I’m pleased to bring you a bit of gardening wisdom from 1935, from the book Four Hedges: A Gardener’s Chronicle by Clare Leighton.
The picture I’ve chosen to go with this wisdom is just a random, pretty picture of some flowers in my garden on a spring day.
Here’s the wisdom:
“We are apt to get very jealous at the way other people’s gardens always bloom so much earlier and more abundantly. In the same way, we resent it when we find that our garden lacks so many flowers that other people have. But this is stupid of us.”
Oh, Clare, you are exactly right about that. Who was it that said, “Comparison is the thief of joy?” (Theodore Roosevelt is who said it.)
Even in 1935, Clare knew that comparison of what one has to what others have is stupid!
“For it is in the gradual building up of a new garden that most pleasure is to be found. However pleasant it may be to step into an old established garden and watch the flowering of mature plants, nothing can equal the stimulation of the first years of struggle.”
I’ll summarize that by saying it’s the process, the journey, not the final destination! Of course, many of us, myself included, like to grow our gardens to the point we can put down our shovels, step back for a minute, announce “Finished!” and then enjoy what we have. But after a brief rest, we are ready to pick up that shovel and start making a few changes here and there.
Clare goes on.
“I know a woman who had a marvelous herbaceous border. It looked exactly like the outside cover of a seed catalog. I was filled with envy. “How long have you had this garden?” I asked. “It must have been years and years and years.” She boasted to me that this was her first summer. I was amazed and envious of her skill. But I learnt later from some neighbors that she had put the entire place into the hands of a landscape gardener who had imported earth, plants and all. Suddenly I felt sorry for her; she had known so little of the joys of gardening, for she had not had to fight. She had never raised seeds and watched the first green shoots thrust themselves up through the earth.”
What would Clare think about today’s gardeners on social media who show up in their gardens in full make-up, a fancy blouse, clean jeans, and then begin to pot up a planter, as though that’s how they look when they are “gardening.” Cut away to the finished container, which looks perfect, and our gardener has nary a smudge of dirt on her jeans, and her hands are clean too.
I digress a bit but I’ll wrap this post up with a final quote or two from Clare Leighton, circa 1935.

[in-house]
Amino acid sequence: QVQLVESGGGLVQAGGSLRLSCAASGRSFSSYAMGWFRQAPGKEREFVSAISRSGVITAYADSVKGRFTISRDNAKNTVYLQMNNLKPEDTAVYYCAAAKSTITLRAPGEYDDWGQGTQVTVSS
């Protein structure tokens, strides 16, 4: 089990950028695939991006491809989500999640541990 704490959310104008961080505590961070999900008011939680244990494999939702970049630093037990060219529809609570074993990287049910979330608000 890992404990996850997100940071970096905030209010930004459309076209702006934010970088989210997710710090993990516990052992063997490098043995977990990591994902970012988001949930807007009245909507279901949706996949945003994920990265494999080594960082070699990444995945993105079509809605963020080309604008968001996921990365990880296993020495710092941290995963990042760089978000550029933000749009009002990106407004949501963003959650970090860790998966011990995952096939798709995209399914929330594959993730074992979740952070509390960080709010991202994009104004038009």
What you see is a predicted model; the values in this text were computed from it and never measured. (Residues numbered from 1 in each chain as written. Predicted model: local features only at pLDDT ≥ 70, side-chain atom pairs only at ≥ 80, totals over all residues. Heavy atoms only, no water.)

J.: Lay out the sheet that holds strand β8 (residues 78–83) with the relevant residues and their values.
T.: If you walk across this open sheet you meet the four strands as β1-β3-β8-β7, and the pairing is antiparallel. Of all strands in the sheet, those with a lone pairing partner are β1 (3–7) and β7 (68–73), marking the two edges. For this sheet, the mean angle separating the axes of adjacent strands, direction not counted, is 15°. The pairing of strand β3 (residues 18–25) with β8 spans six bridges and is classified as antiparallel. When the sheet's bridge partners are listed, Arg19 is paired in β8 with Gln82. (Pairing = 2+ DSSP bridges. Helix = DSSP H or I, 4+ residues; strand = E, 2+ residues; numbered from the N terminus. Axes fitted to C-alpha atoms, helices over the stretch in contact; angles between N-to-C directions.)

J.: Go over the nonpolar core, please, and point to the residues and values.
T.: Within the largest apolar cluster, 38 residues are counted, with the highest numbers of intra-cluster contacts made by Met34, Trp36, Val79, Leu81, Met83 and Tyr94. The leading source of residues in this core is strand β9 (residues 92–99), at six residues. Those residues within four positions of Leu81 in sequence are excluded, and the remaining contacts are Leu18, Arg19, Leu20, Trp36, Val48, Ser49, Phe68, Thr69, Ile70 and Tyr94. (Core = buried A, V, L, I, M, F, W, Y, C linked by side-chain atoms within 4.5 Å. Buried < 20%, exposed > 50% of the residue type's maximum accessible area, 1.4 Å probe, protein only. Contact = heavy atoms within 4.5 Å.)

“We should never take our gardens too seriously.”
Okay, at the risk of a long post getting longer, here’s the rest of that entire paragraph, which is worth reading and taking to heart before you step into your garden in the new year.
“We should never take our gardens too seriously. It is hard to curb ourselves in this if we have any love for our plants, even as it is difficult to walk around the garden without pulling up weeds. But too professional an attitude is apt to give us the same taut, strained feeling that comes into the faces and lives of all specialists. It is better to have a few weeds and untidy edges to our flower beds, and to enjoy our gardens, than to allow ourselves to be dominated by it. To be able occasionally to shut our eyes to weeds is a great art. Let us relax in our gardens, and as a dear old countrywoman used to say, let us “poddle” in them. We waste else the very beauty for which we have worked.”
I am now tempted to make “poddle” my word of the year. Yes, it is in the Oxford English dictionary.
And when I ignore weeds I’m practicing great art! Thank you for that thought, Clare.
Footnote 1, with more information on what is already a longer than usual post. I bought Four Hedges by Clare Leighton in 2013, according to the invoice I stuck inside it. No, I don’t know what prompted me to do that. The reason I was reading it today was because it was organized month by month. Though the author started in April, I skipped ahead to January and look at the wisdom I discovered!
Footnote 2, there is a reprint of Four Hedges available, published in 2010 with an introduction by Carol Klein, on both Amazon and Bookshop. You can also find used copies of the original book published in 1935 on Bookfinder.com.
Footnote 3, Clare was primarily known as an artist who did woodblock carving prints and she illustrated this book with many of them. Her bio indicates she was born in Great Britain but moved to the United States in the mid 1940s.
Footnote 4, finally, just because I can, I made a graphic with my favorite quote from the book, so far. Feel free to use it.
Done. Until February when I read what Clare wrote that month.
Thanks for reading to the end!